Year 2016 will be the hottest year on record, with global temperatures breaching the already record-making temperatures of 2015.
This was stated by the World Meteorological Organization (WMO), which based the conclusion on a new data that showed 2016's global temperatures are approximately 1.2° Celsius above the pre-industrial levels.
To be precise, the global temperatures between January and September 2016 have been about 0.88° Celsius (1.58°F) higher than the average (14°C) for the 1961-1990 reference period, used by WMO as a benchmark.
The preliminary data for October indicated that the temperatures are at a sufficiently high level for 2016 and the hottest year tag is on the way. That would take 2016 to the club of 16 of the 17 hottest years on record this century, in which 1998 was a prominent one.
The world body stated that the El Niño event of 2015-16 was responsible for a hike in temperatures apparent in the early months of the year.
Adding to that is climate change indicators showing a new alarm. Concentrations of major greenhouse gasses are increasing and Arctic sea ice is down to scary low levels with an early melting of the Greenland ice sheet having been reported.
Similarly, Arctic and sub-Arctic regions of Russia, Alaska and Canada are at least 3 °C above average.
"Three record-breaking years for global temperature would be remarkable," says Peter Stott, of the Met Office.
Trump Presidency And Paris Agreement
The prediction from the U.N. weather agency was released to update the latest UN climate talks in Morocco where the focus is on implementing the Paris Agreement.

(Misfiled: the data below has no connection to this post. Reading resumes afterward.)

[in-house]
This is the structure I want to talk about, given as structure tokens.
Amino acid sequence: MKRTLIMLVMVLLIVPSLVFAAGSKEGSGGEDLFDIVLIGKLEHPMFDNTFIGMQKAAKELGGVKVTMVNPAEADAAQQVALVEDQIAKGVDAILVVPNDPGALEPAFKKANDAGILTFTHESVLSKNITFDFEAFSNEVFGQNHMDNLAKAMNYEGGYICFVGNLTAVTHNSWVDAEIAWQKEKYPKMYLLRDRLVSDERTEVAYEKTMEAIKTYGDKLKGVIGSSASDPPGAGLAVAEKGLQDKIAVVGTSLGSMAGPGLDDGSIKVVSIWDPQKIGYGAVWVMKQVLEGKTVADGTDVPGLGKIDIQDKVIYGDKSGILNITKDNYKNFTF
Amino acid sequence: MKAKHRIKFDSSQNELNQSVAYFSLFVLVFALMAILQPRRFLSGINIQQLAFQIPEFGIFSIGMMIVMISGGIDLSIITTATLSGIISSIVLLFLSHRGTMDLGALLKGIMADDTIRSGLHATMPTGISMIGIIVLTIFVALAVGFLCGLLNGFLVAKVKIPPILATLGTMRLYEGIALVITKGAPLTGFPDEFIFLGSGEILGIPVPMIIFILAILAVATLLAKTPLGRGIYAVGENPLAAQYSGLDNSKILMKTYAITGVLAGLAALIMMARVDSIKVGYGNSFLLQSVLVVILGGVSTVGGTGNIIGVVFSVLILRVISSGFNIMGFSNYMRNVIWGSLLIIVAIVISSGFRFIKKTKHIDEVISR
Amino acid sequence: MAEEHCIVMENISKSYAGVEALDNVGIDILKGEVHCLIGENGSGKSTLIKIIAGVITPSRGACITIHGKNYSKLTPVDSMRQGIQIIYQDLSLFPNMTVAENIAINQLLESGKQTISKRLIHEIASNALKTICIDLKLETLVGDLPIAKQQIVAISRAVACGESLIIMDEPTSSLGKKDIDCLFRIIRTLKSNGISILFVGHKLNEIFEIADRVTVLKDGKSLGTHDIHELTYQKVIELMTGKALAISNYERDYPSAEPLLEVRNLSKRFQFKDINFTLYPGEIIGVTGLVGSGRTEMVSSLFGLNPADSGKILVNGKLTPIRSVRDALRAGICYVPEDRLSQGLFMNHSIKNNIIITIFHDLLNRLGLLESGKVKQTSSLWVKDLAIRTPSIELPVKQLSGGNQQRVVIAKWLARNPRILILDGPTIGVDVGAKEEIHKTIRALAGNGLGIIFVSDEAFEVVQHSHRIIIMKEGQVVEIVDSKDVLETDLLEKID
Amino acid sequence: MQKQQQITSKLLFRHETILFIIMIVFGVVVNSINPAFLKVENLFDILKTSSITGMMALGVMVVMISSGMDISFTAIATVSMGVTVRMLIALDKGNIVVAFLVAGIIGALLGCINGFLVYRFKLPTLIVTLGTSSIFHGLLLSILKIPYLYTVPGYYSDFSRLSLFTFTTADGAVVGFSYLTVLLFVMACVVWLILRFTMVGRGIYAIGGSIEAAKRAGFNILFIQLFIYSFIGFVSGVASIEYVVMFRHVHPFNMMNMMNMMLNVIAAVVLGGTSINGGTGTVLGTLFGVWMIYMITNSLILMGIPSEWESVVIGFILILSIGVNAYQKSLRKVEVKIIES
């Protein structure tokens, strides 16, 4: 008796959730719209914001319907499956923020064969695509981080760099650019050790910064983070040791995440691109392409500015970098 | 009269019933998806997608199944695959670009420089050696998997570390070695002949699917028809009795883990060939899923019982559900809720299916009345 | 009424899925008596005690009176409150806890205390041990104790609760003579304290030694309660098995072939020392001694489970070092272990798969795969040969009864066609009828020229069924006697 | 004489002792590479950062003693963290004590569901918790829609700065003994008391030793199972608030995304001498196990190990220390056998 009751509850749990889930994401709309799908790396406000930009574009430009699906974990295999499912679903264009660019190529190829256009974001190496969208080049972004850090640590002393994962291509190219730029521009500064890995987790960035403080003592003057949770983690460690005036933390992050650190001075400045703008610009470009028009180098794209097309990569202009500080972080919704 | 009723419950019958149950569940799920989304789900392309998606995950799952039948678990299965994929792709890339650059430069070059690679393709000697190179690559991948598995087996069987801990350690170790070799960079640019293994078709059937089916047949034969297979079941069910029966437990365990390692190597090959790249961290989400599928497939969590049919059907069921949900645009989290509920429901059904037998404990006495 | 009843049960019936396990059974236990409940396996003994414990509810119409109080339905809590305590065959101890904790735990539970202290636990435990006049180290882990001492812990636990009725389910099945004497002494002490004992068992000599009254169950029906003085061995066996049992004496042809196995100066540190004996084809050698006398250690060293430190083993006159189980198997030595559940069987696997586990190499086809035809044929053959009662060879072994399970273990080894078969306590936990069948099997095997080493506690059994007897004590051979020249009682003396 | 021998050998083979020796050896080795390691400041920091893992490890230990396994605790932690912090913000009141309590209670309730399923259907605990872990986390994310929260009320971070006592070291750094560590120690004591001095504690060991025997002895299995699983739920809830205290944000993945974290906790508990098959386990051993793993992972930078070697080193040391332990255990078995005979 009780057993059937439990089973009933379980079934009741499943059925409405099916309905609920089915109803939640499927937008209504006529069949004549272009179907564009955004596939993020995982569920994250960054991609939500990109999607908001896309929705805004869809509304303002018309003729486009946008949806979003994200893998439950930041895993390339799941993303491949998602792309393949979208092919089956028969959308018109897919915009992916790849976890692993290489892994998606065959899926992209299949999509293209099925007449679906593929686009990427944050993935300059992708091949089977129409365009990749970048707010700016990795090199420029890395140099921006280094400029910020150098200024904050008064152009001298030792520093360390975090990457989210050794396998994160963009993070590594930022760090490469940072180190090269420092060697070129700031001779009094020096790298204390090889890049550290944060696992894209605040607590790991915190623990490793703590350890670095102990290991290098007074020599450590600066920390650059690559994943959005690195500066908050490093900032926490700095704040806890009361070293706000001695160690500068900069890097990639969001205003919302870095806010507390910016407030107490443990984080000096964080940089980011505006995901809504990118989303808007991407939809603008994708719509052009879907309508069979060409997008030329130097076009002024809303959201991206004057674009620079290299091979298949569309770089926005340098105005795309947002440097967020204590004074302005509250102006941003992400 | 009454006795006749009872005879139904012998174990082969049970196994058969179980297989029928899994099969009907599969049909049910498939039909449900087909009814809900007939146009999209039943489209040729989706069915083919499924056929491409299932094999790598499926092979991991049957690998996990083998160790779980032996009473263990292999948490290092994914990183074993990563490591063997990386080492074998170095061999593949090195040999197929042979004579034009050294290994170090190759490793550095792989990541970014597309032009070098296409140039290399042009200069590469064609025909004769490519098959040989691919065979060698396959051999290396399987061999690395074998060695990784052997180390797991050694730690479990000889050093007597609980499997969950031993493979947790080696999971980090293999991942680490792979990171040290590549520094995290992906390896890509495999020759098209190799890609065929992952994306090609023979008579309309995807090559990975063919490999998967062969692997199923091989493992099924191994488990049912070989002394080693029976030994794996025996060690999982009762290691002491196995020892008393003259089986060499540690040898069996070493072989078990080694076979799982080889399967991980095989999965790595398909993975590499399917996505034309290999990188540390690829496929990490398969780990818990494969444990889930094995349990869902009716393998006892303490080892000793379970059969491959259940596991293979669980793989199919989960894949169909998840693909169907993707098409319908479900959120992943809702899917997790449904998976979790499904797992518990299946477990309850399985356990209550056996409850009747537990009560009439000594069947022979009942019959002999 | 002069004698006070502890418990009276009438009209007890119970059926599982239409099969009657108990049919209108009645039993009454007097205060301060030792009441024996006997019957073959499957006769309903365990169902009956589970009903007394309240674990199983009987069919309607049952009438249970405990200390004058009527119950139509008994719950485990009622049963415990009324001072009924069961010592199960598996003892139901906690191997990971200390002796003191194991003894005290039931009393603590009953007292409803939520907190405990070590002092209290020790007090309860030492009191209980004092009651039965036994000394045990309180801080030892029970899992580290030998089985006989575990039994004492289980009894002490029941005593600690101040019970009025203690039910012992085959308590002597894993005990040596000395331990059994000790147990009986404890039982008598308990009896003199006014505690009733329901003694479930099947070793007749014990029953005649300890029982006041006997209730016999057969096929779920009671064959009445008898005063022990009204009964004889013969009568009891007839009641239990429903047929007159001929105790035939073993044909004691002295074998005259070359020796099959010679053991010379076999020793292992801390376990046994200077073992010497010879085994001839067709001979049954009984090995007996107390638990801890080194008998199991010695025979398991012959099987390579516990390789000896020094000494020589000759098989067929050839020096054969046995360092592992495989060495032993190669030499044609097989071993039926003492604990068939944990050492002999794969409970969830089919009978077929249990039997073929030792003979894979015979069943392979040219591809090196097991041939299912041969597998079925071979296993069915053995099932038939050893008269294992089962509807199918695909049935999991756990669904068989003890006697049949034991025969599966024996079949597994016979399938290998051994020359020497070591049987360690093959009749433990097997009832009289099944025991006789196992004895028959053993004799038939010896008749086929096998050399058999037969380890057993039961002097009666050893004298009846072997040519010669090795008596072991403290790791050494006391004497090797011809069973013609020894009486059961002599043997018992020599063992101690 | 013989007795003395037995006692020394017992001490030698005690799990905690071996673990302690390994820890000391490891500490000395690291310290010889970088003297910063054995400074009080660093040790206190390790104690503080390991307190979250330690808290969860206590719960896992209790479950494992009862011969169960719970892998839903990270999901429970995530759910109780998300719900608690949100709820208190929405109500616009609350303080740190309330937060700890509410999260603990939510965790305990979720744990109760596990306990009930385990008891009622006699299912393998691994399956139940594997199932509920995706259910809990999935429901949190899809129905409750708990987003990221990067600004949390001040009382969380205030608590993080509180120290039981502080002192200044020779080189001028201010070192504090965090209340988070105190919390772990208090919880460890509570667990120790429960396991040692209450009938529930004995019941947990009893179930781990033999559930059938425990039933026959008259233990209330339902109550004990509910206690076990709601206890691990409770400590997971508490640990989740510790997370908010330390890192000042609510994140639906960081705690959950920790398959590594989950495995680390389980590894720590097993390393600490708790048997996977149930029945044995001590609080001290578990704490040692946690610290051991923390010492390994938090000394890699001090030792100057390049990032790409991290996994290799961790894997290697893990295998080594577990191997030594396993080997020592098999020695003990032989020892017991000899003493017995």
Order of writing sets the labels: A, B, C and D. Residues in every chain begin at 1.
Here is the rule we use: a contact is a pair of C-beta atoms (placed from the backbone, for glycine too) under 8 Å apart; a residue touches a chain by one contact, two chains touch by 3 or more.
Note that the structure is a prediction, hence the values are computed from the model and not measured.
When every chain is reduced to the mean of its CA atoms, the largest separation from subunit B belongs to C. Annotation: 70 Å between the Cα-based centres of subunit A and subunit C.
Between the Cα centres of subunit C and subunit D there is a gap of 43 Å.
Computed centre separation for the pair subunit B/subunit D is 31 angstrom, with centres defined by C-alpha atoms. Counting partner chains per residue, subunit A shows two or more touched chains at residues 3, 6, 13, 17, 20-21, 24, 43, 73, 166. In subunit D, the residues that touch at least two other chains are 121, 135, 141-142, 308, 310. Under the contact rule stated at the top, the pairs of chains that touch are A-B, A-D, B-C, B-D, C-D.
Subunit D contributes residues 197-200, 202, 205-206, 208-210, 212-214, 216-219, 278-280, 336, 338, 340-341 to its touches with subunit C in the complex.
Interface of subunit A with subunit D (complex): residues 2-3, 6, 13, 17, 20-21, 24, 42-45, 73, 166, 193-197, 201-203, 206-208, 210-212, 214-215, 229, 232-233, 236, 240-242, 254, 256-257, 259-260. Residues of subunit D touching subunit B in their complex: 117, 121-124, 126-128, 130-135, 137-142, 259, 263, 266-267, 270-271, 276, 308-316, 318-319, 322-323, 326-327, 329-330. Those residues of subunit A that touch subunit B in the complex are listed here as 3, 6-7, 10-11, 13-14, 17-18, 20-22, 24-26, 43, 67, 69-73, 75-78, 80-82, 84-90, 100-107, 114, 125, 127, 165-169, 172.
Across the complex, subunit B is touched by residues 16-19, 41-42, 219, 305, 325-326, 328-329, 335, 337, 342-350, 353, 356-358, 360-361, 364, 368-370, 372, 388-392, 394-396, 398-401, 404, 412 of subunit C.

The study suggests there has been "almost no growth" in carbon emissions from fossil fuels in the past three years, unlike the previous decade with hopes that emissions may have peaked.
The study comes at a time when the future of climate change talks has been overweighed by Donald Trump's election win.
Trump is on record calling climate change a hoax with his transition team member saying pulling the United States out of the 2015 Paris Agreement is a priority.
The Paris accord seeks to shift the world economy from the grip of fossil fuels towards a higher push on renewable energy.
"Another year. Another record," WMO Secretary-General Petteri Taalas said in a statement in Marrakesh, Morocco, where 200 nations are deliberating on the means for slowing climate change.
The WMO also said heatwaves and flooding have become much more common and pointed to events like Hurricane Matthew that hit Haiti in October, China's flooding and the biggest wildfire in Canadian history as events that are signaling a change in climate.